Ask East Valley High School freshman Nikki Bernard what she needs to do to be successful in high school, and she will tell you things like “trying my best, doing my homework, and getting good grades.”
But she also is well aware of the fact that as a member of the graduating class of 2008 she must pass the Washington Assessment of Student Learning in order to receive a high school diploma.
The WASL is Washington’s answer to the federal No Child Left Behind Act, which set the goal of having every child proficient in reading and math by 2014.
“I think they put too much pressure on us,” Bernard said. “It’s a lot to handle.”
On Tuesday, junior and senior students in East Valley’s Link Crew – a leadership club that helps mentor younger students – banded together and taught Bernard and all of the freshmen at East Valley just what they will need to graduate in four years.
The lessons are part of a statewide project called Student 2 Student: Change Your World.
The project consists of a video and curriculum – both developed with help from a recent Central Valley graduate – explaining state high school graduation requirements and laws. It is part of a Washington State Student Engagement Initiative, funded by the Office of Superintendent of Public Instruction in partnership with the Washington Association of Student Councils.
Students all over the state received training on the project earlier this year, and are now in the process of bringing it back to their home schools. The project is entirely student led.
“The requirements are so different for our freshmen now,” said Corey Christianson, an East Valley senior and member of the Link Crew. “I passed the WASL, but it wasn’t required then. I think because it is required now, these freshmen are more focused than a lot of us were.”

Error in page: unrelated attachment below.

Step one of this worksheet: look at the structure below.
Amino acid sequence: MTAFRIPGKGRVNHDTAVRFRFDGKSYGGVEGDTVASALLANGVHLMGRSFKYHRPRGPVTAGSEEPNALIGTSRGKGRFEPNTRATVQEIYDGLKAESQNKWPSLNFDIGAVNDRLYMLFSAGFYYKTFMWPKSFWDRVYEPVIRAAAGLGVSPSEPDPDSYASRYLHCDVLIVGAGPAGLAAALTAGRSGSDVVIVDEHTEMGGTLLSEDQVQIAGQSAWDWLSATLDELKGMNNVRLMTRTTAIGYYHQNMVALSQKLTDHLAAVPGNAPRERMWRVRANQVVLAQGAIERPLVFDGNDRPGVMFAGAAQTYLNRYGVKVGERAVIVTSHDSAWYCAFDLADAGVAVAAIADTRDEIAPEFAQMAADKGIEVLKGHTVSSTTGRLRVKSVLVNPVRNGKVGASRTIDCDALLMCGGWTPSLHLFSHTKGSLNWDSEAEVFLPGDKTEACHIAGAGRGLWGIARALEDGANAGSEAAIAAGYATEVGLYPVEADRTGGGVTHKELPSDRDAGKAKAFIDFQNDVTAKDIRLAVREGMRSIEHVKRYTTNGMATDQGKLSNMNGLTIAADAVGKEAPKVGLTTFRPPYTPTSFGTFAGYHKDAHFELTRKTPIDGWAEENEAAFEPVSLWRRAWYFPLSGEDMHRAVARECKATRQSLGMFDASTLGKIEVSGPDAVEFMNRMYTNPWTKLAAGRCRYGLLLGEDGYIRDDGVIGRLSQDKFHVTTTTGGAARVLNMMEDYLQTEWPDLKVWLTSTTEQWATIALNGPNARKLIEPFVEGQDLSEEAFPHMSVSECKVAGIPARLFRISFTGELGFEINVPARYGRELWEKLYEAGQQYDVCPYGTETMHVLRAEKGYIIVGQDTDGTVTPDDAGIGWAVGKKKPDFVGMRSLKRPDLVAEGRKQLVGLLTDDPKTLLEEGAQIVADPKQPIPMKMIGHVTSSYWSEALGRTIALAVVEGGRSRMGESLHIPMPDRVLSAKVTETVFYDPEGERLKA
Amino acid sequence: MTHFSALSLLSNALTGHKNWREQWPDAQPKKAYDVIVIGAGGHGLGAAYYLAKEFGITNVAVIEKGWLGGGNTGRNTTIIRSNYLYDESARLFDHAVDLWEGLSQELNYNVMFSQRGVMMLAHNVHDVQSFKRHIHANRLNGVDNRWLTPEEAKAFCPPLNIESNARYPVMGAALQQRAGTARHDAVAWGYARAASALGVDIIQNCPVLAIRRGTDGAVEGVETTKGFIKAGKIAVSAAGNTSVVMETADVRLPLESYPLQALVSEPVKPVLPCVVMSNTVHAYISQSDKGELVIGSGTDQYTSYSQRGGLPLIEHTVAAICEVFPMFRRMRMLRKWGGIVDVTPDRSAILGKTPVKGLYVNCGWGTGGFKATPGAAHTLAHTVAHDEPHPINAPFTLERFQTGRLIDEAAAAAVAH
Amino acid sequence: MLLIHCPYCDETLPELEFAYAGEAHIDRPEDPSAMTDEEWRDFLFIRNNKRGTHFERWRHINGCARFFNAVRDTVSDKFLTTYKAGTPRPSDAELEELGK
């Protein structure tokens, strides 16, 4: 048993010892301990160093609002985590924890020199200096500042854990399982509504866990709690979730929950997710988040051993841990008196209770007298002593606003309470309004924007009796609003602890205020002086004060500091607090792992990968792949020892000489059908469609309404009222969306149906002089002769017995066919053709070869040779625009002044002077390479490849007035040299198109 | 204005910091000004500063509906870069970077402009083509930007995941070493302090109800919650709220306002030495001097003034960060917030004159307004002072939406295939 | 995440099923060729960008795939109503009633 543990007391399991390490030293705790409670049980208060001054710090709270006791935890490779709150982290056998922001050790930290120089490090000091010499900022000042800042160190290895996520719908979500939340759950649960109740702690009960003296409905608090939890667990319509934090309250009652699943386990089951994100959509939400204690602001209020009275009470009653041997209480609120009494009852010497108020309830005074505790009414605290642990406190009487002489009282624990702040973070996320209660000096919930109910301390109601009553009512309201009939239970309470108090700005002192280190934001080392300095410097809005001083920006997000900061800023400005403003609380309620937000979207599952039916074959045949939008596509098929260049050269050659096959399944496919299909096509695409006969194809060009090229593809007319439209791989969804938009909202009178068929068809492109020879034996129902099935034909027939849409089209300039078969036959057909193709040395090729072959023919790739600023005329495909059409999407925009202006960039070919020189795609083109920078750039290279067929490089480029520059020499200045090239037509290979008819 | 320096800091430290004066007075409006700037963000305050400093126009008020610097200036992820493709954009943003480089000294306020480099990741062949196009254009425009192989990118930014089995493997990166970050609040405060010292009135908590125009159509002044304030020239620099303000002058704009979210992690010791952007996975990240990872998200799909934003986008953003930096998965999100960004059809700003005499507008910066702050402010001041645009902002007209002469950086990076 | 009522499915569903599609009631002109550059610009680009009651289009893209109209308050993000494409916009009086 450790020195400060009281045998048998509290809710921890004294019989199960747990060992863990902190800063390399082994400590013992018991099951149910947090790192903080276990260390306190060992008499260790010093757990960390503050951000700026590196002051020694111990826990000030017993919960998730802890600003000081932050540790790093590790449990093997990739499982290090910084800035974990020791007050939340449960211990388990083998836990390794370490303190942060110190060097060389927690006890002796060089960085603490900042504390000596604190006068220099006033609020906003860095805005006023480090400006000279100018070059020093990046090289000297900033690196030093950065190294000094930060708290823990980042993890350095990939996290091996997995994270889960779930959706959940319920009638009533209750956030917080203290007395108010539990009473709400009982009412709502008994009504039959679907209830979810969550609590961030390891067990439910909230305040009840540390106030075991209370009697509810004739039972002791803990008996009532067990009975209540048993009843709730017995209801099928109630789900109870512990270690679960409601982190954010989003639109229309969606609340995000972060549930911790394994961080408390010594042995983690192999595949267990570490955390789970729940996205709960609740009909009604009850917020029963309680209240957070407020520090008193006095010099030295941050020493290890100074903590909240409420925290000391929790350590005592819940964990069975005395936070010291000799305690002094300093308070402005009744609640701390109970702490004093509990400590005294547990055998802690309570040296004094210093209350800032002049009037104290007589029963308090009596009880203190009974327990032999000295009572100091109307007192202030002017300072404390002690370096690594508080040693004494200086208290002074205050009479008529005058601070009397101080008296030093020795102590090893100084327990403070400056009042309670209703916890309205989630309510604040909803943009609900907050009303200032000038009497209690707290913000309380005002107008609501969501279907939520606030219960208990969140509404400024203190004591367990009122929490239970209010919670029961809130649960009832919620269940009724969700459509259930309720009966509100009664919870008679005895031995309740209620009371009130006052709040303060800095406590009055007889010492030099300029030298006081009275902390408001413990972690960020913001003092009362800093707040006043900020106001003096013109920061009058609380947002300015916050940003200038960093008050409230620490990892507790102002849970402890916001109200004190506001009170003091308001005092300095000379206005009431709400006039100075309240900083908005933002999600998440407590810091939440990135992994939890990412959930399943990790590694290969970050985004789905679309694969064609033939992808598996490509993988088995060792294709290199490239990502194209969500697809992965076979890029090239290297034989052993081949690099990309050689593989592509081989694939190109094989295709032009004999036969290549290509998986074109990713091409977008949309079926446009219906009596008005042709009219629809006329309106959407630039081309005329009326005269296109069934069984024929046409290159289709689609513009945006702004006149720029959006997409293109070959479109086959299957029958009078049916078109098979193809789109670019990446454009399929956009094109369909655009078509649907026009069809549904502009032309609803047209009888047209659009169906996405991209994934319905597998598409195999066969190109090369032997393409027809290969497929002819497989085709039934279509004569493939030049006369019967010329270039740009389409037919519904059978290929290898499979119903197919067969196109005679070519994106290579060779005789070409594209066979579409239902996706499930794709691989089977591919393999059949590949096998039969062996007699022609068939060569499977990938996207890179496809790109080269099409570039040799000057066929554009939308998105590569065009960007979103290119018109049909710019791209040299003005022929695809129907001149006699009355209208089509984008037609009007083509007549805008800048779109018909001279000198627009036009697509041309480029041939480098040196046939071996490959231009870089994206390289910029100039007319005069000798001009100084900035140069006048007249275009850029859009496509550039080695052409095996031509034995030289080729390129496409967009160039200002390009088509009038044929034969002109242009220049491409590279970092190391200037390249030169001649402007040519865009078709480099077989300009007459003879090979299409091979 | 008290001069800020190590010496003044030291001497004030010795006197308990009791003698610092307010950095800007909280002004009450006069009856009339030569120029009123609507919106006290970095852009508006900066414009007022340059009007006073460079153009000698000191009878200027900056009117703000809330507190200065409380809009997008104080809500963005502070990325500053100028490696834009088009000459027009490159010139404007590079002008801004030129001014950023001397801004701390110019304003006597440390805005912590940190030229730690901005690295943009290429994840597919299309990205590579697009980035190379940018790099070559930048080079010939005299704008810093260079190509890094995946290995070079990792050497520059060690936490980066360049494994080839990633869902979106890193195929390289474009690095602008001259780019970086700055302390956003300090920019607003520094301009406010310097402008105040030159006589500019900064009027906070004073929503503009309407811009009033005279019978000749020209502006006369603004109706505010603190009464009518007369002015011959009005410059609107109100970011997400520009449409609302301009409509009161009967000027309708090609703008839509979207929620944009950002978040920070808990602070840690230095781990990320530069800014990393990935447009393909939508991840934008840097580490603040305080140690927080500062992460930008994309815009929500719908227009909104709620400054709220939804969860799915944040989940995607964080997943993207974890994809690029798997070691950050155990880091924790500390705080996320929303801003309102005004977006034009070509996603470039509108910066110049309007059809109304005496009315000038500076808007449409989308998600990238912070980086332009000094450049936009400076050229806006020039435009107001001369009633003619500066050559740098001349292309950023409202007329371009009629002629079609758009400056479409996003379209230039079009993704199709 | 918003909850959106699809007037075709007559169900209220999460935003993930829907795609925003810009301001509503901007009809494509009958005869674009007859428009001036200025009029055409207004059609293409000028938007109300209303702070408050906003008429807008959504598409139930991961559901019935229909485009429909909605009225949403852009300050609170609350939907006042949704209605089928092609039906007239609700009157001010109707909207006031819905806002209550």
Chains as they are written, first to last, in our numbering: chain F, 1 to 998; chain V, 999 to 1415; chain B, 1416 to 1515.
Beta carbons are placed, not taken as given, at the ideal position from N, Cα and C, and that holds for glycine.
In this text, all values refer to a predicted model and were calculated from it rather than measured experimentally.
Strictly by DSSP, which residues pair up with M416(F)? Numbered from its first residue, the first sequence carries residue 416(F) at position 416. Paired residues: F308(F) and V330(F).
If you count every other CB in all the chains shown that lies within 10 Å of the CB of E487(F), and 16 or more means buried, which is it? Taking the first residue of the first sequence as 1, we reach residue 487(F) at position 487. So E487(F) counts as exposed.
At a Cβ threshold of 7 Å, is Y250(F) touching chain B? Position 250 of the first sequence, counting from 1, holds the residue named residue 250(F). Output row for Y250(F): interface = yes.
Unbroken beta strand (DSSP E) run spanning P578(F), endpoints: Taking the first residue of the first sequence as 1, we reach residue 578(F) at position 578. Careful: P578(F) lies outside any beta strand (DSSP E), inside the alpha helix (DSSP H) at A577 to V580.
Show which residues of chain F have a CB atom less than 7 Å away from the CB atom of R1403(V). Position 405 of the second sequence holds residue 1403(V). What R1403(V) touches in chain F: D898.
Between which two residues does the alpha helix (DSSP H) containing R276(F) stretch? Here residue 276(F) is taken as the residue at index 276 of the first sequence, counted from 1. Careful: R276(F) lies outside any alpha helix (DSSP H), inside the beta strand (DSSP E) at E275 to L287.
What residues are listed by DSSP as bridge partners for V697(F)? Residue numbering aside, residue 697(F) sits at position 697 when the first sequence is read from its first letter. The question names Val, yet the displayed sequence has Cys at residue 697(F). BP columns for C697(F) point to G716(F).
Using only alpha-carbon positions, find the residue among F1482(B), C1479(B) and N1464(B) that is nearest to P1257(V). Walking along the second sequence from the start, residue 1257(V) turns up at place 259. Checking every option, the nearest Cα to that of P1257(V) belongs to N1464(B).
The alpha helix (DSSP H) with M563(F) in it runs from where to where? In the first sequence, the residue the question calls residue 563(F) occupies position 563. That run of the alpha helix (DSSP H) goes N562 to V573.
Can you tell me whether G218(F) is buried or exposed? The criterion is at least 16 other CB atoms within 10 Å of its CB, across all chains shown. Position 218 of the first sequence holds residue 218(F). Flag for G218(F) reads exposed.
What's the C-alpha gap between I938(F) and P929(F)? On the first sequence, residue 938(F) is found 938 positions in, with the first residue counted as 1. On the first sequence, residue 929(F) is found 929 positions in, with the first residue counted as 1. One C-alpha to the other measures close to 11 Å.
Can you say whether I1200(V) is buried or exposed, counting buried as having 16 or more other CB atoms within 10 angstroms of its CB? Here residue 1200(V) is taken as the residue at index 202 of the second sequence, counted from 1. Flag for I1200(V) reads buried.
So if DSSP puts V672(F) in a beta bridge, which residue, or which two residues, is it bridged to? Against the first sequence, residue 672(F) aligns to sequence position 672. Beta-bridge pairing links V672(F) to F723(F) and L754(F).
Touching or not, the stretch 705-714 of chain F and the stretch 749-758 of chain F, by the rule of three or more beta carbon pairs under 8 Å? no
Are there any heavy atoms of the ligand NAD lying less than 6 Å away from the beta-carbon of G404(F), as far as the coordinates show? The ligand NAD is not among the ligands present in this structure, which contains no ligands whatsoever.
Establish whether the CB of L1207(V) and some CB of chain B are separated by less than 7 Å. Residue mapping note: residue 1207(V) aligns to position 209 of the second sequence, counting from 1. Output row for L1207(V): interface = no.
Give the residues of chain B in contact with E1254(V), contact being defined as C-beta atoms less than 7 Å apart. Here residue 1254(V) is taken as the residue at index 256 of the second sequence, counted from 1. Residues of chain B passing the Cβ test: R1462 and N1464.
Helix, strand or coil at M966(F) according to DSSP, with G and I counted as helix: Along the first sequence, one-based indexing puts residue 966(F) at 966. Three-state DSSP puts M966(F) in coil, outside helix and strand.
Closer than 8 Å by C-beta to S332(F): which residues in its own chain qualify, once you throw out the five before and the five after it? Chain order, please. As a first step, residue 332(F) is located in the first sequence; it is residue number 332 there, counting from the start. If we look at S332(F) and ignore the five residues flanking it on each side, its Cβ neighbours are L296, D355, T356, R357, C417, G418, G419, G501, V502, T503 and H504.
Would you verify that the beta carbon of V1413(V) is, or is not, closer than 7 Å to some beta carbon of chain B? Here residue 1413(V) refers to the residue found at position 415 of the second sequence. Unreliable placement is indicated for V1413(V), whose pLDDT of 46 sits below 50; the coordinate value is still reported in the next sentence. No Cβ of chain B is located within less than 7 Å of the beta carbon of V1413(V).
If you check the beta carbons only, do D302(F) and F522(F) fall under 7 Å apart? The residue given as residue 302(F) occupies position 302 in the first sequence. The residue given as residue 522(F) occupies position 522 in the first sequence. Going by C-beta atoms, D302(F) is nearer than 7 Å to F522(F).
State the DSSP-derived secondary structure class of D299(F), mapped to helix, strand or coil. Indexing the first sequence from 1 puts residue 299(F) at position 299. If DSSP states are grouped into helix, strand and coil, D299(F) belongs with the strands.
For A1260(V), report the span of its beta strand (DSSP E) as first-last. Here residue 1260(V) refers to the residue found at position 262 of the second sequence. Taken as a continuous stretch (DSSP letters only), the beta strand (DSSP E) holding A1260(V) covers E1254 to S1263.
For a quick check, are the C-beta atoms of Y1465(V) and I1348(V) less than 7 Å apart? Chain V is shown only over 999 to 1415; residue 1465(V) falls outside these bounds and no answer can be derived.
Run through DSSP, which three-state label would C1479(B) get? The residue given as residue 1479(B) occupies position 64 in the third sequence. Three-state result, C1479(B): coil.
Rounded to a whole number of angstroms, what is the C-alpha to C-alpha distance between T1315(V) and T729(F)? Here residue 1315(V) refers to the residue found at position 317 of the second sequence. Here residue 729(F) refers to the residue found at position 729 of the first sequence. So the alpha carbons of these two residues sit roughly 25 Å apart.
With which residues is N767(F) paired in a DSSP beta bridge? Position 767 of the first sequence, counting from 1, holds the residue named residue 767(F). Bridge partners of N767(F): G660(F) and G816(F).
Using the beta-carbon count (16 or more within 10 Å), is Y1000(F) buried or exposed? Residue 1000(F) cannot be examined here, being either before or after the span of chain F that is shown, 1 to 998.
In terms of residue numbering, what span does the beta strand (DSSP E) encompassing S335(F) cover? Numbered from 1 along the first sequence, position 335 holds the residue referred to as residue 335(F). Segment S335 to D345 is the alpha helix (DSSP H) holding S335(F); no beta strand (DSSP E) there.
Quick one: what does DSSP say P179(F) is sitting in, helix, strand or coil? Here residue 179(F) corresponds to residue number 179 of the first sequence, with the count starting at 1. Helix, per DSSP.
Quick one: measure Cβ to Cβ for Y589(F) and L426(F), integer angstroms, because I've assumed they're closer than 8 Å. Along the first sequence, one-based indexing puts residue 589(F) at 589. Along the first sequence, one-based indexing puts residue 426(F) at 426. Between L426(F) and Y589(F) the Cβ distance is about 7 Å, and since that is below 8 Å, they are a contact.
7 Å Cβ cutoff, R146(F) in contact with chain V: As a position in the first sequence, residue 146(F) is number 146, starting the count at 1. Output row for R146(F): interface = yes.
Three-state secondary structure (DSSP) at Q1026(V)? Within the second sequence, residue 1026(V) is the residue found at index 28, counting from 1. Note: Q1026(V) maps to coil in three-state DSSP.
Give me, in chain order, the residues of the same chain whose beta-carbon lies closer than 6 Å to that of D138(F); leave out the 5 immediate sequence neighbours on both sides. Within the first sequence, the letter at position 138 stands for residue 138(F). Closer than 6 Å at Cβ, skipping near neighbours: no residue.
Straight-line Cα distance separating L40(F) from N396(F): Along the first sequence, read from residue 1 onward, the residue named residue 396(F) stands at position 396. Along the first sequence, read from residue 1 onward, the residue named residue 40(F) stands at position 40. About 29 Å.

The WASL is given each spring to students in grades four, seven, and 10 – and soon to be grades three and eight.
In addition to passing the WASL, freshmen students at East Valley need 23 credits in the core subjects, like math and science, to graduate, plus they are the first to need a senior culminating project.
All of these things add up to what the state calls a Certificate of Academic Achievement, which is required for a diploma.
The freshmen students at East Valley said they liked hearing from their older peers about the WASL and other requirements.
“It makes me think, if they can do it, I can do it,” said Eric Wallman, 15. “It takes a little pressure off.”
As part of the Student 2 Student project curriculum, East Valley Link Crew members also urged the freshmen to think beyond high school and what they want to be when they grow up.
“I think kids respond better to people their own age, instead of an adult lecturing them,” said Ryan Orwick, an East Valley senior who taught one of Tuesday’s sessions.
Orwick’s sister is a freshman at East Valley.
“I knew there were all these new requirements, and I was real concerned,” Orwick said. “So I wanted to make sure she did well, and also her classmates.”
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